Authentic Chinese Restaurant Opens in The Heights’ Hottest Development — M-K-T Gets a Sleek New Mala Sichuan With Design Cred

Restaurateur Cori Xiong has a true American immigrant’s success story to tell. A daughter of divorce, she arrived in this country at the age of 12 from her birthplace of Chengdu in the Chinese province of Sichuan. The young University of Texas grad opened the first Mala Sichuan Bistro in 2011 at the age of 25.

Eleven years later, she and her husband Heng Chen operate five Mala Sichuan Bistros, with restaurants in Houston’s Chinatown, Katy’s Asian Town, Sugar Land and Montrose. The latter boasts that it was the first authentic Sichuan restaurant to operate inside the loop. Now, Xiong and Chen are upping the ante with the opening of their fifth Male Sichuan Bistro in the 12-acre M-K-T, a mixed-use development in The Heights designed by Michael Hsu Office of Architecture.

Gin Braverman, principal of Gin Design Group, was charged with creating an updated look for the storied Houston restaurant’s new iteration. She and Xiong make a perfect pairing. Braverman, an interior designer who has made quite a name for herself designing some of Houston’s most inspiring restaurant spaces, actually lived in Asia for a time and worked with a Taiwanese design firm. She brings a deeply personal appreciation and knowledge of Chinese culture and architecture to this new Mala Sichuan Bistro.

And the new restaurant space certainly leaves an impression. Beneath the soaring 20-foot ceiling, an oversized wooden abacus acts as a screen to separate Male Sichuan’s entrance from the bar. One’s eye inevitably lands on the massive pagoda roof suspended above the dining room: Handmade by Sichuan artisans, it was constructed solely with wood joinery, with nary a nail or screw in sight.

Mala Sichuan Bistro (Photo by Bill Krampitz)
The modified circular facade of Mala Sichuan is inspired by the Moon gate architectural passageways in China and serves as an inviting portal between exterior and interior. (Photo by Bill Krampitz)

Braverman and her team recreated the bucolic Sichuan countryside with wall-hung round etchings that depict rural life, while floating above them are dozens of glowing fabric lanterns, which call to mind the wish lanterns set off in the sky on the eve of the Lunar New Year. The hand-plastered earthen walls are pressed with impressions of ginkgo leaves, while traditional clay roof tiles clad the exterior of the cocktail bar. This new Heights restaurant is the first Mala Sichuan to boast a full bar with beer, wine and specialty cocktails.

Mala Sichuan spread
Mala Sichuan is now in The Heights.

Sichuan food is widely known to be rather spicy — but, in reality, when properly prepared, the complex array of flavors highlights a variety and depth of flavors ranging from salty to sour, sweet to bitter and smoky to the spices that give a dish its heat. For the uninitiated, Xiong explains that the word Mala actually denotes two spice sensations.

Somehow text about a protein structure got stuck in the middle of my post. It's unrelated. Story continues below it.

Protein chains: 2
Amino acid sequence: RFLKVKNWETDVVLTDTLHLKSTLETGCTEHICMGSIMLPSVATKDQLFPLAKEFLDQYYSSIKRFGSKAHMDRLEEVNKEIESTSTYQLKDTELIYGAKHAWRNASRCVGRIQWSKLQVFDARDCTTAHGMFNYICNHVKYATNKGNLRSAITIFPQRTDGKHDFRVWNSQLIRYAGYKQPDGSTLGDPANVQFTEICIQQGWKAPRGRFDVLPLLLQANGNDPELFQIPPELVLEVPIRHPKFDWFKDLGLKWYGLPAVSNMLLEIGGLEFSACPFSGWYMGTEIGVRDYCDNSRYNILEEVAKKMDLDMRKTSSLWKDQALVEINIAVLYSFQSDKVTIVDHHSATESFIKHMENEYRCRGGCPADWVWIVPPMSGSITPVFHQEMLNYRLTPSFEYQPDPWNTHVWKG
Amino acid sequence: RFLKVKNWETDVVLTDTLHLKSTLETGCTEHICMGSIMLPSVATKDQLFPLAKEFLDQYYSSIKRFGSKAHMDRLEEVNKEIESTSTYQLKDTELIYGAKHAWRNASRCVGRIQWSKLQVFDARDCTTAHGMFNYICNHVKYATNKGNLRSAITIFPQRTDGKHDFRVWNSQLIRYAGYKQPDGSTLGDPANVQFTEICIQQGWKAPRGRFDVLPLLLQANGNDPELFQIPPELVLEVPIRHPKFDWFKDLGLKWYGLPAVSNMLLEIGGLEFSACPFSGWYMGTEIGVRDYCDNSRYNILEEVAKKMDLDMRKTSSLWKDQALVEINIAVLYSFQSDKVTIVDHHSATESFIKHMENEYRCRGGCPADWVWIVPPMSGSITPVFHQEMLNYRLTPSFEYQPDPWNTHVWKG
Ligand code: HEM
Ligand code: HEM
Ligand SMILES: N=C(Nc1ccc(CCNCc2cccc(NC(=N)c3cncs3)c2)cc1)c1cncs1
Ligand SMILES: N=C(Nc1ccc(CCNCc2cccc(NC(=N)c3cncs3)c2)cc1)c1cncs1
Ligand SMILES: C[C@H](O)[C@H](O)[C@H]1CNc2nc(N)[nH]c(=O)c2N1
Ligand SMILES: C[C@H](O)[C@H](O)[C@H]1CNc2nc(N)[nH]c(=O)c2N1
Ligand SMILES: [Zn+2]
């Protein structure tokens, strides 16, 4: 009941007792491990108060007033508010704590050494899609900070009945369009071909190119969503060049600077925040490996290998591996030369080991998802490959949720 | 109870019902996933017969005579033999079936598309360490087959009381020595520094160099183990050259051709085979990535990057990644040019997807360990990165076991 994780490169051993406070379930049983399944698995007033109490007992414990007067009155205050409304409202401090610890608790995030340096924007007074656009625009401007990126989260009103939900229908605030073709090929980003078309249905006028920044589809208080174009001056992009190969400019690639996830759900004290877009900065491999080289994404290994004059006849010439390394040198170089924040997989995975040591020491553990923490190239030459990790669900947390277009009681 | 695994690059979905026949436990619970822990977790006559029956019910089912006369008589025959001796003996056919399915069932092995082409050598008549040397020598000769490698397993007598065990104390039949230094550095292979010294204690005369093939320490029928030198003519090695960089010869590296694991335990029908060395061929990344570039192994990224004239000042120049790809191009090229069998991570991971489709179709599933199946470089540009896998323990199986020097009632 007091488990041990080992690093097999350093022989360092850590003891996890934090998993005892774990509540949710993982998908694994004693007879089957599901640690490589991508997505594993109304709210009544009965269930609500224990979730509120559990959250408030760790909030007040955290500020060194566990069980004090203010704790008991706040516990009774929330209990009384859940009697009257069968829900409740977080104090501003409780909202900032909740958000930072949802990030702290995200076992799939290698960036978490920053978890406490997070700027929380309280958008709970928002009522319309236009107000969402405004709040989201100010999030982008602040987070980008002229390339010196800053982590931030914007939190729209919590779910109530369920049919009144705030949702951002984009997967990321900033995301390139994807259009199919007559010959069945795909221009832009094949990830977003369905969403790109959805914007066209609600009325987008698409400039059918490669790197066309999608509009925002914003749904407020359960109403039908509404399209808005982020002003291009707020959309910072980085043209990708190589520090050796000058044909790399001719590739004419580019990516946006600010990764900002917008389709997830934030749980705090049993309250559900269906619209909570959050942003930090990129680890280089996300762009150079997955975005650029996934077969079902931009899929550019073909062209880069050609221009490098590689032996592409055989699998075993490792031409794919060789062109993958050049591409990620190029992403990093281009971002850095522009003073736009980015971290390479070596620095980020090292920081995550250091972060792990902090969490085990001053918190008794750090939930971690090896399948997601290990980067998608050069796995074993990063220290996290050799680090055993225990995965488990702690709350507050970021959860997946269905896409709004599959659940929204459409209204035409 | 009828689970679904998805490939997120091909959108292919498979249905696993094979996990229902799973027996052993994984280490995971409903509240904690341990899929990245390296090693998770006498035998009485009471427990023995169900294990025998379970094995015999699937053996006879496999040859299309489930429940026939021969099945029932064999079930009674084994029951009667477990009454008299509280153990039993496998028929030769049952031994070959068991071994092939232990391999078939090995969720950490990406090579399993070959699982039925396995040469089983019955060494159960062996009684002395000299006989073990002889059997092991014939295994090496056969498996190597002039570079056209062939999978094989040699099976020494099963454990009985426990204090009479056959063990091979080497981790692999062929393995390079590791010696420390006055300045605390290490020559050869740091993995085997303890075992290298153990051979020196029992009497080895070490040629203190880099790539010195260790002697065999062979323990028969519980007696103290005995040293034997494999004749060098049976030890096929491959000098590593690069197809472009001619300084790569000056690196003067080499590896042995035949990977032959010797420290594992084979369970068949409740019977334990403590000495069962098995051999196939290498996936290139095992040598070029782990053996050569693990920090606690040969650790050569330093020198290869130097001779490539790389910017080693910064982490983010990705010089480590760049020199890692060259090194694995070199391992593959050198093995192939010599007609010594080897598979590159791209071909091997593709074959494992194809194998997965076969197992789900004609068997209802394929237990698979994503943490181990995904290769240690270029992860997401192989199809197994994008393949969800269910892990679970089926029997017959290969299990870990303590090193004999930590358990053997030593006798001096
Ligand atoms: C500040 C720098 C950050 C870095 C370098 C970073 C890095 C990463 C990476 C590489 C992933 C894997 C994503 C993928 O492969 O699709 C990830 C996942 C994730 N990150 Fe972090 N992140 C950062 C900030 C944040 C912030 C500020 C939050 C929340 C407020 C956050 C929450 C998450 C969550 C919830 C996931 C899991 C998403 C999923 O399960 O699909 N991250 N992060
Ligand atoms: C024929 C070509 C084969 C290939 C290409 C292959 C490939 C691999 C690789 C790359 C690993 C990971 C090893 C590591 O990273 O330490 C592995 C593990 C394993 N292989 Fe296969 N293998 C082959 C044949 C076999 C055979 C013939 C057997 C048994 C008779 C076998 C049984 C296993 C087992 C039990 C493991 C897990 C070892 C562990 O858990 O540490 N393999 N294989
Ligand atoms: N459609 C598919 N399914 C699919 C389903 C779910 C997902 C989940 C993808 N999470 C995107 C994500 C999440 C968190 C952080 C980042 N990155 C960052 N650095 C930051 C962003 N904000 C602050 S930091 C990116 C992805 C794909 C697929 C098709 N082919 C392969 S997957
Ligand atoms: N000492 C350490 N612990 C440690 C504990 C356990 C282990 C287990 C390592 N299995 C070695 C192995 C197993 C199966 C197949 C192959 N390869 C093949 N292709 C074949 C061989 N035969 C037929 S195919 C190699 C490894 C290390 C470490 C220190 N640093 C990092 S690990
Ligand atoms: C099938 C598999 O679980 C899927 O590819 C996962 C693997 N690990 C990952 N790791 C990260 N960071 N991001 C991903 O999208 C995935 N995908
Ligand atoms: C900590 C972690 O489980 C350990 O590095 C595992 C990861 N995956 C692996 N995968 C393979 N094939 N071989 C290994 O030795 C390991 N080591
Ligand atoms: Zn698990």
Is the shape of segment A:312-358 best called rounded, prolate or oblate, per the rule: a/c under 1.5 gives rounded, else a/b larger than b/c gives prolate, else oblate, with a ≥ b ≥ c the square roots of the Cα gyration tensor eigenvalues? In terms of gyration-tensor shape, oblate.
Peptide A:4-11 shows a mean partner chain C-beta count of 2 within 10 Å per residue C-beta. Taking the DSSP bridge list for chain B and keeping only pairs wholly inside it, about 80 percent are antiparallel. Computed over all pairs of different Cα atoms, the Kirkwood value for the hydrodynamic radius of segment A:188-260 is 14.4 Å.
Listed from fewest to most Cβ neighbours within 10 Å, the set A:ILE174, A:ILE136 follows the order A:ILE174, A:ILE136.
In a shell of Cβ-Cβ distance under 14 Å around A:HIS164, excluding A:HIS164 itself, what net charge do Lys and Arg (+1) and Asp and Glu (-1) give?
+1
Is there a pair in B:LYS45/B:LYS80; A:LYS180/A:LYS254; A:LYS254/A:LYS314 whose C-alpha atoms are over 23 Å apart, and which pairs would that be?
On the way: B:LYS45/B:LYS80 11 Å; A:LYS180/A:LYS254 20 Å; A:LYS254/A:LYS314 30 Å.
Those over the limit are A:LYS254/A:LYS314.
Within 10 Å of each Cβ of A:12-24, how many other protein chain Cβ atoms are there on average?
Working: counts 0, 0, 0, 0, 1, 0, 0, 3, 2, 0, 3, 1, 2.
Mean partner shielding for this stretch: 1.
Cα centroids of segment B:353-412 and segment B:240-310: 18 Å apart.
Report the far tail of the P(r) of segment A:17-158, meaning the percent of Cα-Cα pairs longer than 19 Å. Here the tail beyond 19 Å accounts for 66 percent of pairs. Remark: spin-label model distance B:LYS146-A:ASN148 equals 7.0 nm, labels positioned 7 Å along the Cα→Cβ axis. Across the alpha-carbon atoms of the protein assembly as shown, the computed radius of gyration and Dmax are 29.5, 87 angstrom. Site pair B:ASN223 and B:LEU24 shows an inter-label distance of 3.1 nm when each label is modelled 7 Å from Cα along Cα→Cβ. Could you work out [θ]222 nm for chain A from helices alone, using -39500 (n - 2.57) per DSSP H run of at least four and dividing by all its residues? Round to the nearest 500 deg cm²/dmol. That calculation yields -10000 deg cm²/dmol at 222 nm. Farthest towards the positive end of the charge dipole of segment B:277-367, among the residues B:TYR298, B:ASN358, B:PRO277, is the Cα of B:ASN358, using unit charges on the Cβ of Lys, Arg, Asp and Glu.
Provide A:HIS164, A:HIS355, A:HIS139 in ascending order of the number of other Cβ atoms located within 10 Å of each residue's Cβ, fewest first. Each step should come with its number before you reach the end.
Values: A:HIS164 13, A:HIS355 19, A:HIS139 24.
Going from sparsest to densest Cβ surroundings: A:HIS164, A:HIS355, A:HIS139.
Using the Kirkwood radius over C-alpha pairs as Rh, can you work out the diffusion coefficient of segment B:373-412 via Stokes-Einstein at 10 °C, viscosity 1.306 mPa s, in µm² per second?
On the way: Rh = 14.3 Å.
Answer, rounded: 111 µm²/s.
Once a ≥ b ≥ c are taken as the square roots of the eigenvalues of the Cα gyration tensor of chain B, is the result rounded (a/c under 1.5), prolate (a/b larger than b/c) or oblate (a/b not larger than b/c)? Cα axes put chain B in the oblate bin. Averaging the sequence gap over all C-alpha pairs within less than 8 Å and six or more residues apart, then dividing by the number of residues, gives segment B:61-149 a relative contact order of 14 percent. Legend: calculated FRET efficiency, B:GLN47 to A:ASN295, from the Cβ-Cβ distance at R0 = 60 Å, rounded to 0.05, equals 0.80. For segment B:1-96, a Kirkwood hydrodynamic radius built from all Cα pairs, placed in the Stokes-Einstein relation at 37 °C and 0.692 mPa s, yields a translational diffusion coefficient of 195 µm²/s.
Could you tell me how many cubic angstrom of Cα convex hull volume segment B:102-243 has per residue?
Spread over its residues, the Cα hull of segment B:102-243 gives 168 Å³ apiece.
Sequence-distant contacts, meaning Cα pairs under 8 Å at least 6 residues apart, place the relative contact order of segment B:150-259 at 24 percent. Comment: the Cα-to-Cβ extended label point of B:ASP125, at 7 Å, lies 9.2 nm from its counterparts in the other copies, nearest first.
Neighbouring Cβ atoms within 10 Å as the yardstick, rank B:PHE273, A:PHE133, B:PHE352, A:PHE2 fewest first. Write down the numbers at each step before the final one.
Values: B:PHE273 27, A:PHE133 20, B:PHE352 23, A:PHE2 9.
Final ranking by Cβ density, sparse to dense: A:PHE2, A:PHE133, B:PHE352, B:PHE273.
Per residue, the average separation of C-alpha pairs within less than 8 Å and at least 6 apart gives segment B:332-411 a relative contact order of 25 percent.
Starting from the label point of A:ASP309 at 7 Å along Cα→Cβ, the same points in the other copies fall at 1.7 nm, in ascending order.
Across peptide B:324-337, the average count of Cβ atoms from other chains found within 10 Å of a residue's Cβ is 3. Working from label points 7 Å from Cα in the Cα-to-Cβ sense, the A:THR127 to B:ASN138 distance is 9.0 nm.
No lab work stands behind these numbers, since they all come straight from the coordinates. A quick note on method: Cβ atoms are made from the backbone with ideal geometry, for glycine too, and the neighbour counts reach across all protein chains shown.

“The Sichuan Province is particularly known to merge two types of spicy, ‘Ma’ and ‘La,’ in many of its dishes,” she says. “The ‘La’ flavor is the hot, tongue-searing result of capsaicin in chili peppers that Americans recognize from a variety of different cuisines, while the ‘Ma’ flavor is something else entirely.

“It refers to a slight numbing sensation caused by the Sichuan peppercorn, a type of dried berry that activates the touch sensory receptors of the tongue and mouth, making the nerve endings feel they are being lightly and repeatedly touched, which perfectly primes the palate for the ‘La’ spices.” For example, Mala’s Sichuan-style salt and pepper prawns possess the heat of the La, where a dozen battered jumbo shrimp are deep-fried then wok-fried with white onions and red and green peppers before the Ma — a seasoned powder that includes chili and peppercorn — is added to finish, making for a dish that lends heat to the tongue and a numbness to your lips ($20).

Unlike the American version of Chinese food that Xiong recalls seeing when her stepmother worked in a Chinese restaurant in the United States, where the food was unrecognizable to her, Mala Sichuan recalls the meals of her youth. Xiong has recruited graduate chefs from the Sichuan Higher Institute of Cuisine (akin to the U.S.’s Culinary Institute of America) to recreate the authentic regional food she so fondly recalls stateside.

Why Mala Sichuan Is Much More Than Just Fiery Food

To prove that Sichuan cuisine is more than a fiery feast, I dined on dishes that rounded out a variety of flavors, from slender Chinese eggplant sauteed in spicy garlic sauce ($14) to the unctuous Mala tofu pudding with silken tofu and Basa fillet braised in a thick sauce seasoned with garlic, ginger and fermented bean paste with peppers ranging from peppercorn oil and aged hot pot oil to the zing of ground Sichuan peppercorns ($17). The remarkable Dry Pot Beef is comprised of beef slices, potato, cauliflower, celery, lotus roots and king oyster mushrooms subtly spiced with dry red chili pods, whole Sichuan peppercorns, garlic and ginger ($20).

Don’t miss the Dan Dan Noodles, a popular street food made at Mala Sichuan with boiled wheat noodles tossed in the signature Mala spicy sauce and sesame paste along with seasonal greens, preserved vegetables and bits of spiced ground pork, topped with a scattering of chopped scallions ($9).